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PlantFiles: Amethyst Sea Holly
Eryngium 'Sapphire Blue'

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Family: Apiaceae (ay-pee-AY-see-ee) (Info)
Genus: Eryngium (er-RIN-jee-um) (Info)
Cultivar: Sapphire Blue
Additional cultivar information: (PP11088)
Hybridized by Ruigrok; Year of Registration or Introduction: 1997

One vendor has this plant for sale.

6 members have or want this plant for trade.

Category:
Alpines and Rock Gardens

Height:
12-18 in. (30-45 cm)

Spacing:
12-15 in. (30-38 cm)

Hardiness:
USDA Zone 2a: to -45.5 C (-50 F)
USDA Zone 2b: to -42.7 C (-45 F)
USDA Zone 3a: to -39.9 C (-40 F)
USDA Zone 3b: to -37.2 C (-35 F)
USDA Zone 4a: to -34.4 C (-30 F)
USDA Zone 4b: to -31.6 C (-25 F)
USDA Zone 5a: to -28.8 C (-20 F)
USDA Zone 5b: to -26.1 C (-15 F)
USDA Zone 6a: to -23.3 C (-10 F)
USDA Zone 6b: to -20.5 C (-5 F)
USDA Zone 7a: to -17.7 C (0 F)
USDA Zone 7b: to -14.9 C (5 F)
USDA Zone 8a: to -12.2 C (10 F)
USDA Zone 8b: to -9.4 C (15 F)

Sun Exposure:
Full Sun

Danger:
Plant has spines or sharp edges; use extreme caution when handling

Bloom Color:
Blue-Violet

Bloom Time:
Mid Summer
Late Summer/Early Fall

Foliage:
Grown for foliage

Other details:
Drought-tolerant; suitable for xeriscaping

Soil pH requirements:
Unknown - Tell us

Patent Information:
Patented

Propagation Methods:
By dividing the rootball

Seed Collecting:
N/A: plant does not set seed, flowers are sterile, or plants will not come true from seed

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There are a total of 22 photos.
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Profile:

3 positives
1 neutral
No negatives

Gardeners' Notes:

RatingAuthorContent
Positive outdoorlover On Jun 15, 2013, outdoorlover from Enid, OK (Zone 7a) wrote:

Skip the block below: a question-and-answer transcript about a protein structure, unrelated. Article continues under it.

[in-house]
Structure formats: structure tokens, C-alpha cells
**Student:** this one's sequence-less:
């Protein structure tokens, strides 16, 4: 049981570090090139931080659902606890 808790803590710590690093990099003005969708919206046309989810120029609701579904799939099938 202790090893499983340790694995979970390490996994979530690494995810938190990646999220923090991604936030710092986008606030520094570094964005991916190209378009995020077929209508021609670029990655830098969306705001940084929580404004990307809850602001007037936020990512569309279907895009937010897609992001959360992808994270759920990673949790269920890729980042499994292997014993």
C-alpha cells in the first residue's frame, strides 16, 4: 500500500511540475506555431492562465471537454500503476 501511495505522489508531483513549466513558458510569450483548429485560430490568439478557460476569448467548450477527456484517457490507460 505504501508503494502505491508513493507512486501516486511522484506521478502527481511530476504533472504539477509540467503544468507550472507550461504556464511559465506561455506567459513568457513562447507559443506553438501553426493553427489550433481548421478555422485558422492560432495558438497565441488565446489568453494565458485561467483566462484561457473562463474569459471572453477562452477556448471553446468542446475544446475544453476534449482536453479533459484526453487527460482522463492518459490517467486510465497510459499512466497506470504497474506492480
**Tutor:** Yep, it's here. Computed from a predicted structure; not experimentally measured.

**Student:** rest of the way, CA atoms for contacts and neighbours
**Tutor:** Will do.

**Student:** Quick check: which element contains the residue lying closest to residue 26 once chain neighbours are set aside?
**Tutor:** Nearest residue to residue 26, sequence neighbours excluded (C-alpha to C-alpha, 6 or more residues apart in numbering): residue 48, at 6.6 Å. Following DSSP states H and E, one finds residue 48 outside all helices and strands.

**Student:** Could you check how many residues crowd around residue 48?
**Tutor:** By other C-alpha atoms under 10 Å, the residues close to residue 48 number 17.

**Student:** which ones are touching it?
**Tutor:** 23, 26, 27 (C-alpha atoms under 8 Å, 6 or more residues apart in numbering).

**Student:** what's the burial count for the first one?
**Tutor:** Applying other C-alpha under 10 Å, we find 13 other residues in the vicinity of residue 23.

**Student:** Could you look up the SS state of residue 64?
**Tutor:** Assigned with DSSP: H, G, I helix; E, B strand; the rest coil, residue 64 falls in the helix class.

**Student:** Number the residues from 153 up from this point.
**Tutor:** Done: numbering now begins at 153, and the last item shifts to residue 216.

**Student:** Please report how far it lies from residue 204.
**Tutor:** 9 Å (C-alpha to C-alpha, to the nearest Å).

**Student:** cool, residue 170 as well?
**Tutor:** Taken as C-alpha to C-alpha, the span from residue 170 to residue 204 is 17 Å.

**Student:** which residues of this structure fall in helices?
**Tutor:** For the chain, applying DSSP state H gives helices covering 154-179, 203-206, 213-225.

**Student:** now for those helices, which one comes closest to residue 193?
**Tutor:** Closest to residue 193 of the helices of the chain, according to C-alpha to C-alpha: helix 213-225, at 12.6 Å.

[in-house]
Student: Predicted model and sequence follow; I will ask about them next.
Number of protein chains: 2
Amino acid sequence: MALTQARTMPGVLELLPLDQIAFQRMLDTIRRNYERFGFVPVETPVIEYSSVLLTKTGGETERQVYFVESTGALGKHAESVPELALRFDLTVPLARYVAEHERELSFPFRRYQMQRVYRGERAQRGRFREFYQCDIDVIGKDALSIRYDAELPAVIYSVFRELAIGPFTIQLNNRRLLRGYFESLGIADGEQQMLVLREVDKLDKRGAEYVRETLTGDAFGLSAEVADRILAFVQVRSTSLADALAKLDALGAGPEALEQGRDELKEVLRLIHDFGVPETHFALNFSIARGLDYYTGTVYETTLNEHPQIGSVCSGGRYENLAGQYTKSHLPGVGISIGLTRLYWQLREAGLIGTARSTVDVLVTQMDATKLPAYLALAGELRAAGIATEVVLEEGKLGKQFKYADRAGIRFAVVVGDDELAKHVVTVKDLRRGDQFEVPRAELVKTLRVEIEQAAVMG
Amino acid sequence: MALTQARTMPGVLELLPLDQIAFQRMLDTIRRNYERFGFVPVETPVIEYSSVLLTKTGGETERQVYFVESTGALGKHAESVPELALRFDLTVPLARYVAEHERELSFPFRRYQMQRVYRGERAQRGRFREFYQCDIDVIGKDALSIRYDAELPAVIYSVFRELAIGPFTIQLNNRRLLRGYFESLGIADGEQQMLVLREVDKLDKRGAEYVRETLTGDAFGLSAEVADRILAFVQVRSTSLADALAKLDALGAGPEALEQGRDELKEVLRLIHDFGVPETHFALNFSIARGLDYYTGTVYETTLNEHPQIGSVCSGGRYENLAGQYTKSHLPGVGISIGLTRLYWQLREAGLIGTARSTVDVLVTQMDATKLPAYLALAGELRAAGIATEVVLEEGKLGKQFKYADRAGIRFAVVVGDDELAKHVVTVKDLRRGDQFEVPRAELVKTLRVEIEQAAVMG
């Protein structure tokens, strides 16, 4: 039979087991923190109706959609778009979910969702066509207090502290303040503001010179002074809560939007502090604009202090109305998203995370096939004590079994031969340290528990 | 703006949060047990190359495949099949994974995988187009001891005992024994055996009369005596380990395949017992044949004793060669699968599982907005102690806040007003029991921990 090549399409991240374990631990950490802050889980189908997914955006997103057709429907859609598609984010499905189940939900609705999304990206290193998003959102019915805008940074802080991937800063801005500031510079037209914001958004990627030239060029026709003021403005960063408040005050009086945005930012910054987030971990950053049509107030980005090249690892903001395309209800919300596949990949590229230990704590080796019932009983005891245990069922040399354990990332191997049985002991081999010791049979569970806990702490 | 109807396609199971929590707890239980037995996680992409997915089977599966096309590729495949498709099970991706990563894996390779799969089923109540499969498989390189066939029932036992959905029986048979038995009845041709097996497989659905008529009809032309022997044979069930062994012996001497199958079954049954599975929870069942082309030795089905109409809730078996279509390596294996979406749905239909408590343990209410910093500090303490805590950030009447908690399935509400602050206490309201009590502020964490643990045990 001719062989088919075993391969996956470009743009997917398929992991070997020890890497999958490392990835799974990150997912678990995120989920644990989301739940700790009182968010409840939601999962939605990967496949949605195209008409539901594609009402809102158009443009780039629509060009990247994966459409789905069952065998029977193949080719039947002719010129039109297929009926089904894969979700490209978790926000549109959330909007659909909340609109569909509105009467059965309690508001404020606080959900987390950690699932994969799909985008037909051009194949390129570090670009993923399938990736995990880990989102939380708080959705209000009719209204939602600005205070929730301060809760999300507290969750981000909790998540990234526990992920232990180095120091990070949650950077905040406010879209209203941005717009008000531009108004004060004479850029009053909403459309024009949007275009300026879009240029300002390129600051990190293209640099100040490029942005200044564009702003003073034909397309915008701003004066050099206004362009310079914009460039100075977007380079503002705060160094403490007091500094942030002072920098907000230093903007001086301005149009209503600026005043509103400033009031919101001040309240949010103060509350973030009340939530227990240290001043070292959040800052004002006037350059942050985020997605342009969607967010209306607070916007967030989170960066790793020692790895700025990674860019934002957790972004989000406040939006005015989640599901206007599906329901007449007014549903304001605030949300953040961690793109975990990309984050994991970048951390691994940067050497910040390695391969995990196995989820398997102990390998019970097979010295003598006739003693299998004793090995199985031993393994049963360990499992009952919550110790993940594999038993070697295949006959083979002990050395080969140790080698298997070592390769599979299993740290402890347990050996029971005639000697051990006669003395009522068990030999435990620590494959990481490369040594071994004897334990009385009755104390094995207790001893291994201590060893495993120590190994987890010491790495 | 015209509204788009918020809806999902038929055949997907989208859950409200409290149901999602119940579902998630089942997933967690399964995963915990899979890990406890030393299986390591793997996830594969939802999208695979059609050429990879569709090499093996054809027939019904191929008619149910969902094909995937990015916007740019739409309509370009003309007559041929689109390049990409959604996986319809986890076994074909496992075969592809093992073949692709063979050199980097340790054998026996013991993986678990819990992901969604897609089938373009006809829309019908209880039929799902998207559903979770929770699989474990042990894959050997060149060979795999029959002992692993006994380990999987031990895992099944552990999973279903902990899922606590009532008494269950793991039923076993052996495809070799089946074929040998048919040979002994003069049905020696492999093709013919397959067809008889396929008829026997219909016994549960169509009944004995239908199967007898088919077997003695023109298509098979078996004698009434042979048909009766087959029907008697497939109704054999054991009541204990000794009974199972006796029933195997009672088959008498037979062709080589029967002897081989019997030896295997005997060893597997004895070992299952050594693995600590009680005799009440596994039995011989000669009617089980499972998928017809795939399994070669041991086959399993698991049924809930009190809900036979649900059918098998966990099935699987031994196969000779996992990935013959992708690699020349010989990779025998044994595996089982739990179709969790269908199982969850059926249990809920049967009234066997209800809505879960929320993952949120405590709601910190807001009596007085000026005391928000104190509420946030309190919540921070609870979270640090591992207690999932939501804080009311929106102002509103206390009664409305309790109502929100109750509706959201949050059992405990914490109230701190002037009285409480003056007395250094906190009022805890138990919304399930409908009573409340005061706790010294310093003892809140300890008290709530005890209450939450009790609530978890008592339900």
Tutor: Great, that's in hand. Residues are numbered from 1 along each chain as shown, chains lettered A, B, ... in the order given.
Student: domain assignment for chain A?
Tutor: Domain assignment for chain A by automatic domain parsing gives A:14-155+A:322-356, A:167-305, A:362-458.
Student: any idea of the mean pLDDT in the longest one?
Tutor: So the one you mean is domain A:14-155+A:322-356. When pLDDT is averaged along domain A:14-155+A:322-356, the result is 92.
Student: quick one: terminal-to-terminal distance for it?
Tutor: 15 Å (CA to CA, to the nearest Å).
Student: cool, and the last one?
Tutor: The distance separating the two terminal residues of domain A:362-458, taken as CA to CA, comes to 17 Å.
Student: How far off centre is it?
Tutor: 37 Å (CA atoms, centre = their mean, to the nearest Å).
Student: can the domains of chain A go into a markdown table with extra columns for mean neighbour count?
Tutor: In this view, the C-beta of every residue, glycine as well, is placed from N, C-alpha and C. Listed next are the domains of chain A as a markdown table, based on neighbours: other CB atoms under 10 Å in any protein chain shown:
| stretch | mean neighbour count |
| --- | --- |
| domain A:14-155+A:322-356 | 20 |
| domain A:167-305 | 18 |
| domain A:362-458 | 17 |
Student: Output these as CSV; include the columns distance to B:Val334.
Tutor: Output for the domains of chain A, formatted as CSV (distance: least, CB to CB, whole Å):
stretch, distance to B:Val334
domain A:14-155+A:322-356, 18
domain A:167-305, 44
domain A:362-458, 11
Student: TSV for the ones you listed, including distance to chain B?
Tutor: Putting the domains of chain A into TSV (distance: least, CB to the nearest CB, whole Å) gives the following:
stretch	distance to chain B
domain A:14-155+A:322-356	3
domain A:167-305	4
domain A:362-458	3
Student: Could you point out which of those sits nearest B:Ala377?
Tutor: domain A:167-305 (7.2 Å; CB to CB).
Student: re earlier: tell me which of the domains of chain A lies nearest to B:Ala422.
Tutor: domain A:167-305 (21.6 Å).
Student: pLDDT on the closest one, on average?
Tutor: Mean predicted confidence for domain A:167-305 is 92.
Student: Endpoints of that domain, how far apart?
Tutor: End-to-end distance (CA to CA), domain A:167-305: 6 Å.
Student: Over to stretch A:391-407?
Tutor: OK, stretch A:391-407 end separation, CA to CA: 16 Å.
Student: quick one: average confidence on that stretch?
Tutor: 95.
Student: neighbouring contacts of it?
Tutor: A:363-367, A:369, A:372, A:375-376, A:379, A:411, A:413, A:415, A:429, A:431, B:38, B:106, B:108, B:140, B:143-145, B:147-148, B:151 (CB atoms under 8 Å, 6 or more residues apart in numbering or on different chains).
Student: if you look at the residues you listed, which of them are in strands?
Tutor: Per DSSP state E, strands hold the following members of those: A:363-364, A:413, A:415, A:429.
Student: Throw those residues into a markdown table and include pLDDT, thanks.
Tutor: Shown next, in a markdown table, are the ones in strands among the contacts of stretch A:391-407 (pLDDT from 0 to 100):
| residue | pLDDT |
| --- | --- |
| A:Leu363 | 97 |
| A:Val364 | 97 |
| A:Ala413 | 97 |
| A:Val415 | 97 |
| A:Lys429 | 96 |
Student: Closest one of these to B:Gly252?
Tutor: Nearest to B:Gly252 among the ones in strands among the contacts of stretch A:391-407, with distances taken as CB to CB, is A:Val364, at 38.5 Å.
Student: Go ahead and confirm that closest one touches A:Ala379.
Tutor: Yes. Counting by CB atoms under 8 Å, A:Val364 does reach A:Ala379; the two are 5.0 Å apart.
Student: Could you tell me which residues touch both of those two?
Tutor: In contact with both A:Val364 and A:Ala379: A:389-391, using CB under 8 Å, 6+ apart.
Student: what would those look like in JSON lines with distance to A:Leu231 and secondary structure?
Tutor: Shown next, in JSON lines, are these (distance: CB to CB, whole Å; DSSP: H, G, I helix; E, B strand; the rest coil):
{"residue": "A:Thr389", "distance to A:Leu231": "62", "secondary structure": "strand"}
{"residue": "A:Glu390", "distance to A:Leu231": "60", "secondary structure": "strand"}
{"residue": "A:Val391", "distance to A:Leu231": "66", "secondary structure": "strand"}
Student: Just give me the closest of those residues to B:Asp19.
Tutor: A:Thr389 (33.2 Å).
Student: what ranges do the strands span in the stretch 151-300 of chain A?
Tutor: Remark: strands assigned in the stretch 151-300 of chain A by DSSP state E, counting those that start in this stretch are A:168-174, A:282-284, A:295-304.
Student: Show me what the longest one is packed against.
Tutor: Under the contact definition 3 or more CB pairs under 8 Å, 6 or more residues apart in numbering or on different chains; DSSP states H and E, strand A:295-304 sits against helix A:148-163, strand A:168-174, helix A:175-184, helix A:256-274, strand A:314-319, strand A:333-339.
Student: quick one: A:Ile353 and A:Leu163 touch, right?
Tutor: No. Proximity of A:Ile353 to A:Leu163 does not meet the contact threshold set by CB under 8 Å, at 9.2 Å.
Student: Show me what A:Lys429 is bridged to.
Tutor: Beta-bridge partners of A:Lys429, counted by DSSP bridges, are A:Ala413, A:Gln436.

This is the first year it has grown here and it is doing very well.

Neutral berrygirl On Mar 19, 2007, berrygirl from Braselton, GA (Zone 7b) wrote:

Medium 2-3' - Plant 18" apart. zone 5-9. Large steely blue flowers are sterile and long lasting. Even the stems are imbued with color. Deer and drought resistant.

Positive quasymoto On Aug 20, 2006, quasymoto from Bloomfield, IA (Zone 5b) wrote:

I thought I'd try the Sea Holly as it looked interesting. I am in Iowa and my husband has Rattlesnake Master and I think it adds interest along the same lines.

This is the first summer in Z5 and I am hoping it will winter over well as I really think I have found a neat plant to really add a punch of "True Blue" to an area.

Positive htop On May 7, 2005, htop from San Antonio, TX (Zone 8b) wrote:

Sea holly 'Sappire Blue' is a beautiful plant whose leaves have light colored veining. The blooms arise from a rosette and turn an interesting shade of blue as the blooms mature (must have enough sun for the blooms to gain the blue tones). The blue coloring extends to the stems as well as tints the foliage which is leathery and bristlely.The blooms start out green in May and keep intensifying in color and each bloom has a star-shaped spikey collar. The stalks and blooms, if left on the plant, even add fall and winter interest. In Zone 9, it usually is an evergreen plant.

This sea holly hybrid has the largest blooms of any sea holly and is a cross between Eryngium bourgatii and Eryngium alpinum which are both native European Sea Hollies. The blooms make excellent fresh-cut flowers for bouquets and are easily dried for long lasting flower arrangements (the bloom stalks must be dried in low light, preferably in a closet so the blue stays a deep shade). It prospers in poor well draining soil. Do not fertilize. If the soil is rich, it will grow taller than it should and the stalks become weak.

Although most sea hollies can become invasive, 'Sapphire Blue" is sterile so there is no need to worry that it will take over your garden. Producing a long taproot, it is difficult to transplant as well as divide, but it makes it a very drought tolerant plant. If the plant needs to be moved, down deeply enough to not harm the tap root. It should be dug in the fall after the foliage has died back to ground level. To propagate, it is best to take root cuttings in the spring and plant them in light well drained soil about 2 inches deep.

Regional...

This plant has been said to grow in the following regions:

,
Los Angeles, California
San Leandro, California
Simi Valley, California
Peoria, Illinois
Winnetka, Illinois
Bloomfield, Iowa
Beverly, Massachusetts
Norton, Massachusetts
Sandwich, Massachusetts
Bellaire, Michigan
Exeter, New Hampshire
Manchester, New Hampshire
Concord, North Carolina
Geneva, Ohio
Haviland, Ohio
Toledo, Ohio
Enid, Oklahoma
Tulsa, Oklahoma
Coos Bay, Oregon
Klamath Falls, Oregon
San Antonio, Texas
Barre, Vermont
Eastsound, Washington
Olympia, Washington
Seattle, Washington
Vancouver, Washington
Lannon, Wisconsin



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